As part of the 2018 International Society of Tropical Foresters Conference happening at the Yale School of Forestry & Environmental Studies (F&ES), M. Kalani Souza, storyteller, artist, peacemaker, and priest, will participate in a lunchtime discussion on the importance and lessons from his perspective on building working relationships with indigenous people for environmental management.
M. Kalani Souza works directly with indigenous communities throughout Oceania and North America on issues of resource conservation, food security, disaster preparedness, local economy, and self-governance. He is founding director of Olohana Foundation, a nonprofit based in Hawaii that works with communities to co-develop strategies for resilience around projects and programs that intersect food, energy, water, and knowledge systems.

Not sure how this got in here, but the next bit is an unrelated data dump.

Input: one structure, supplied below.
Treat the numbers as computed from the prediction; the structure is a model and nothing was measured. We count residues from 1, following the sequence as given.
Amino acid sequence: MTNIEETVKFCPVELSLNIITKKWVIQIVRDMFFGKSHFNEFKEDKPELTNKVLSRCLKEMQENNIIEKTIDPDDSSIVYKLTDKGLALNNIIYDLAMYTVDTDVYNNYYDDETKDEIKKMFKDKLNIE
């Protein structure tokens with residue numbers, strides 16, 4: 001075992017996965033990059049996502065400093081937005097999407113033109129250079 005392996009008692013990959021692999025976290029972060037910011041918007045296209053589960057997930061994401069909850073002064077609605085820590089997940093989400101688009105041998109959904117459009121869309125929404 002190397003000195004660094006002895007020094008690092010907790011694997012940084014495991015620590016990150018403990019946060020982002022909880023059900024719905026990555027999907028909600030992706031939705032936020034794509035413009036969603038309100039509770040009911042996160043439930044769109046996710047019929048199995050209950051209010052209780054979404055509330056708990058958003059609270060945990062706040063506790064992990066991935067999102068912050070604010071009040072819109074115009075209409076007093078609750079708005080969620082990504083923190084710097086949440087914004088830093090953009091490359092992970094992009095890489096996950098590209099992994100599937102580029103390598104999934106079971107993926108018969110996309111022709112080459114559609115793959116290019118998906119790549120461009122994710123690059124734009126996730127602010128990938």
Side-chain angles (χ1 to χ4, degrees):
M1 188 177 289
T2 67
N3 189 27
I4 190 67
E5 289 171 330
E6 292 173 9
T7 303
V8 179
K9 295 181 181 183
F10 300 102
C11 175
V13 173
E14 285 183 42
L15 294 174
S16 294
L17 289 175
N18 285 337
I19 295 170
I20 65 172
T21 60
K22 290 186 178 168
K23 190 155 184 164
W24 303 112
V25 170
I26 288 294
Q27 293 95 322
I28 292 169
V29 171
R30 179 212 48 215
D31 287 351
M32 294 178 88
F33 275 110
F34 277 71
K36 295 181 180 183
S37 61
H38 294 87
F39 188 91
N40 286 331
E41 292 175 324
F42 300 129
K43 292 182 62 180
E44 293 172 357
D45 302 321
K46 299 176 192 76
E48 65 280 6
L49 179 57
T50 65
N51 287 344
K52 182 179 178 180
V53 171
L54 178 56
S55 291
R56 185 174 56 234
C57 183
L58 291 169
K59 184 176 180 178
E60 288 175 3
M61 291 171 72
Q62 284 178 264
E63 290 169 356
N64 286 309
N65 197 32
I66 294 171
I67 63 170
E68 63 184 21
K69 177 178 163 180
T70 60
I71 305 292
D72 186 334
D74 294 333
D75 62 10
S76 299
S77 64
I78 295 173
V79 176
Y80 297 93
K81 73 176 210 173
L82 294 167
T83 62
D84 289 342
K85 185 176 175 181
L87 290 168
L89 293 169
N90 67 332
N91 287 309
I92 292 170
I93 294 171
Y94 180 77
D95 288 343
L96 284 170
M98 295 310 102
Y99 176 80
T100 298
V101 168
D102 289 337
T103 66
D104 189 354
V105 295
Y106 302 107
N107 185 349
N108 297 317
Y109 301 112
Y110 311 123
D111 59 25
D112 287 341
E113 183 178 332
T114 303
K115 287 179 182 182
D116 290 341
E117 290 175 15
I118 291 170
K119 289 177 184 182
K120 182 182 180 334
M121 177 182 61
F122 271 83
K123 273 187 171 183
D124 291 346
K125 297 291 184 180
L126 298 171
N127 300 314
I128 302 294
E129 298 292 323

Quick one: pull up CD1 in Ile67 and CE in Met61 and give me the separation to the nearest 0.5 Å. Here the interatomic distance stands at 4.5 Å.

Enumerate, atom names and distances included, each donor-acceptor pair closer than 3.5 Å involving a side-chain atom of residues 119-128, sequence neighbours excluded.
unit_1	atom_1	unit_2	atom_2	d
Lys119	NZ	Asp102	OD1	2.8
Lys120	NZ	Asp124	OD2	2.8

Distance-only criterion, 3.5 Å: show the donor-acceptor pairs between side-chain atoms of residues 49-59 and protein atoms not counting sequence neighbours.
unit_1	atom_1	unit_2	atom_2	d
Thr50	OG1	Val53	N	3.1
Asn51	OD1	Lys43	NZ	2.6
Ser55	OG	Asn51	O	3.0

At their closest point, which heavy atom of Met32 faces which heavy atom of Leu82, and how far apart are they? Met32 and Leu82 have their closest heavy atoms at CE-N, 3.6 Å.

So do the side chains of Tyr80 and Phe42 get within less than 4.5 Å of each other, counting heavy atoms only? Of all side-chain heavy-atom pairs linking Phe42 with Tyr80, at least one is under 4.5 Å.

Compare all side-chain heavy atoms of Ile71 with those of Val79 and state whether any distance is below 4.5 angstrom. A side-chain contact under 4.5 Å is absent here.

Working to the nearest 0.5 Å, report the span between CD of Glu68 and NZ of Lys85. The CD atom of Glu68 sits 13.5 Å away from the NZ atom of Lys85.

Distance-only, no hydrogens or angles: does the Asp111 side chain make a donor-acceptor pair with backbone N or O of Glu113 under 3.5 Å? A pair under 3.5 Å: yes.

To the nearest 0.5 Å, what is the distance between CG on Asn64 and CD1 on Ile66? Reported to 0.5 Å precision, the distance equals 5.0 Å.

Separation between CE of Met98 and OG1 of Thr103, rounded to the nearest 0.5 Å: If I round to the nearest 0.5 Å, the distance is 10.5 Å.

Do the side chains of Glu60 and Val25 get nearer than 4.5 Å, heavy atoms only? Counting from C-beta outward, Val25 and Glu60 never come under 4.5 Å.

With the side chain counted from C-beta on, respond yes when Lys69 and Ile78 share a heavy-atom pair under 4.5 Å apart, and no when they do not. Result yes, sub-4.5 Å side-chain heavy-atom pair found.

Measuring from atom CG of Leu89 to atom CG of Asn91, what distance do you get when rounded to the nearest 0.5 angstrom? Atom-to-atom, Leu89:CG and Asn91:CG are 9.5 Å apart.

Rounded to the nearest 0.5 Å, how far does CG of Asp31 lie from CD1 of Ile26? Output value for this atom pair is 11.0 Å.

This event is open to Yale students and all ISTF conference participants. Attendees must RSVP but do not have to be registered for the conference in order to register for this event.
The event is hosted by the Native American Cultural Center and co-sponsored by the following F&ES Student Interest Groups: Risk Reduction, Adaptation and Disaster; Environmental Media and Arts; Environmental Justice; and the International Society of Tropical Foresters.